Friday, December 10, 2010

Exploring the Metaverse

Virtual Reality is one of those things people used to think was cool, but now is almost universally acknowledged as a stupid idea. Even putting aside the silly goggles and huge gyroscope equipment made to make you feel in the game, which isn't necessary anyway because, as anyone who plays games seriously will tell you, it's easy to get caught up in the experience on your own (I have felt the heat of Norfair plenty of times without fancy neural interfaces). Despite (or maybe even because of) all the silly Hollywood crap where people become trapped in some virtual reality, the interest in that kind of thing is rapidly draining away. Maybe I will feel different when there is a non-invasive full neural interface that let me feel sex over the internet or something, cause goodness knows I am not getting any in real life. Also I would be a girl of course. Er I mean... anyway moving on...

But although the idea of hooking yourself up to a computer sounds sillier and sillier, using computers to make neat virtual worlds to play around with has not. Games seem to be going more in the wide open sandbox direction, and MMORPGs are becoming as much if not more for the social interaction then the game it's self.

But sometimes it goes farther then that. There are programs like Second Life which, while they have gameplay elements, really have no game to them at all. A long while ago, I played around with Second Life. It was fun to build and script things and occasionally to play with people in various role playing games that people liked doing. The problem was in my mind that it didn't really go anywhere. Everyone I met there I only knew from in the world, and while I fiddled around designing stuff I had no real goal or artistic vision. So I got bored and left, as I tend to do with all online things after a while. I lasted longer then some games though. Maybe cause I liked building stuff.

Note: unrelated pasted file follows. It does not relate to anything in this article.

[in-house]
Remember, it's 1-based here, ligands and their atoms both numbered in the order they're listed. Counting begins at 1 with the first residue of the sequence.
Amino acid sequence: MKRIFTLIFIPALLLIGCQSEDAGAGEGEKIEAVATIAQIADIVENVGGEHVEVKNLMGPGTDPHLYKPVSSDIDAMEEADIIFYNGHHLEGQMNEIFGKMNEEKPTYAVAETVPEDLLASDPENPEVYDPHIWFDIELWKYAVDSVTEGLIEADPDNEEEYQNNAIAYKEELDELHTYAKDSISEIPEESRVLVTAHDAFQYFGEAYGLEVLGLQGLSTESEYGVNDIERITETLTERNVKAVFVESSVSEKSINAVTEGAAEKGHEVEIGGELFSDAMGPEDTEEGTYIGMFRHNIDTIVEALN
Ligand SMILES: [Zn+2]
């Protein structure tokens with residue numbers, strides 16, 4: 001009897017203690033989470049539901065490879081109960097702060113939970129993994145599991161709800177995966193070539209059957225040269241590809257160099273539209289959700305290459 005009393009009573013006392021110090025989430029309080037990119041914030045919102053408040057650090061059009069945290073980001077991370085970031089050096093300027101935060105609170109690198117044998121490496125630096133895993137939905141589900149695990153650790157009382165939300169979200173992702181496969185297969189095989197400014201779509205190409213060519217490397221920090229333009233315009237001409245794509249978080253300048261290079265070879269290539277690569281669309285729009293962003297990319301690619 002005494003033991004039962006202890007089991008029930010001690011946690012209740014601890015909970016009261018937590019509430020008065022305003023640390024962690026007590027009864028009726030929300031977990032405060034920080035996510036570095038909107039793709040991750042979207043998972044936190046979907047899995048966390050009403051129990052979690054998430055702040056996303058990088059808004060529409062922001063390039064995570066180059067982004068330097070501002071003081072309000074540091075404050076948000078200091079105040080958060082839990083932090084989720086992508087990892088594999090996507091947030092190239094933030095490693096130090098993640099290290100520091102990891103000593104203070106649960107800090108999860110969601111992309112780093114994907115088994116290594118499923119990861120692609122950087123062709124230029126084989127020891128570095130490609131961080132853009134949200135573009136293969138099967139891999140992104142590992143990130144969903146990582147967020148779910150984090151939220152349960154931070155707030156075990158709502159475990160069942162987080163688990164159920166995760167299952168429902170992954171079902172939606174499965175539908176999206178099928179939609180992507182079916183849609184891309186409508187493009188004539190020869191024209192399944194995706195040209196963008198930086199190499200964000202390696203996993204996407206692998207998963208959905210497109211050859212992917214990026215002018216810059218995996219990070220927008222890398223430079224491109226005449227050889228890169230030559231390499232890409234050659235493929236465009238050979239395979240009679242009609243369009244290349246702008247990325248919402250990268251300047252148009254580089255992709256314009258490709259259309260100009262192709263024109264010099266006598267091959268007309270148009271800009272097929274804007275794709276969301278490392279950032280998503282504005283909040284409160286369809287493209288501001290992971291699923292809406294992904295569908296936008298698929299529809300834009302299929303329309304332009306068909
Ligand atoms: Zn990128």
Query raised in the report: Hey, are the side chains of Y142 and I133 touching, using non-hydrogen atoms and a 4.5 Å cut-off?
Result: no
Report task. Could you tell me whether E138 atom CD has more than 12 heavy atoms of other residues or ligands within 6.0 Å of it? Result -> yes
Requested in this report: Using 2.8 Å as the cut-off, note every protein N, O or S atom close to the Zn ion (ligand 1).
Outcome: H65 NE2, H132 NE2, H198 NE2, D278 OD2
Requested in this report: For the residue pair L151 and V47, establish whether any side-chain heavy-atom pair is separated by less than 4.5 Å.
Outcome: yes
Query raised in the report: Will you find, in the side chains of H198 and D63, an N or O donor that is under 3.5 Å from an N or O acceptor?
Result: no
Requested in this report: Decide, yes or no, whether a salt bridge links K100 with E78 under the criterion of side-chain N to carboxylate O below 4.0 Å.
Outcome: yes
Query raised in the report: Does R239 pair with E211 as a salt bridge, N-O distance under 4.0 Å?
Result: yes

Second Life had some noticeable problems though. For one thing all the world is user constructed and almost everything can be brought with real money. I guess MMORPGs are doing that too and you can often find players selling in-game things for money, but in this system your not paying for something you have to grind to get, your paying for essentially art and/or tools.

A fairly interesting digital rights management system is in place that remembers the owner and creator of each type of object, and assigns permissions to them. The owner can restrict your ability to change or copy the object as they wish (along with other things). There is one important difference between this system and most digital rights management systems. Most others try and control something you have on your computer, but this only is for connecting to the shared world. Honestly if digital rights management worked in such a way with other things it might not be a problem.

Surprisingly enough, it actually sort of WORKS this way, although some programs can capture copies of the object, but I am not sure if all the information can be retained. Scripts are run on the server, so you may never see them, but almost everything else can be captured on a client I guess. But if you abuse copying other people's stuff, they will just kick you off the world and won't let you back in.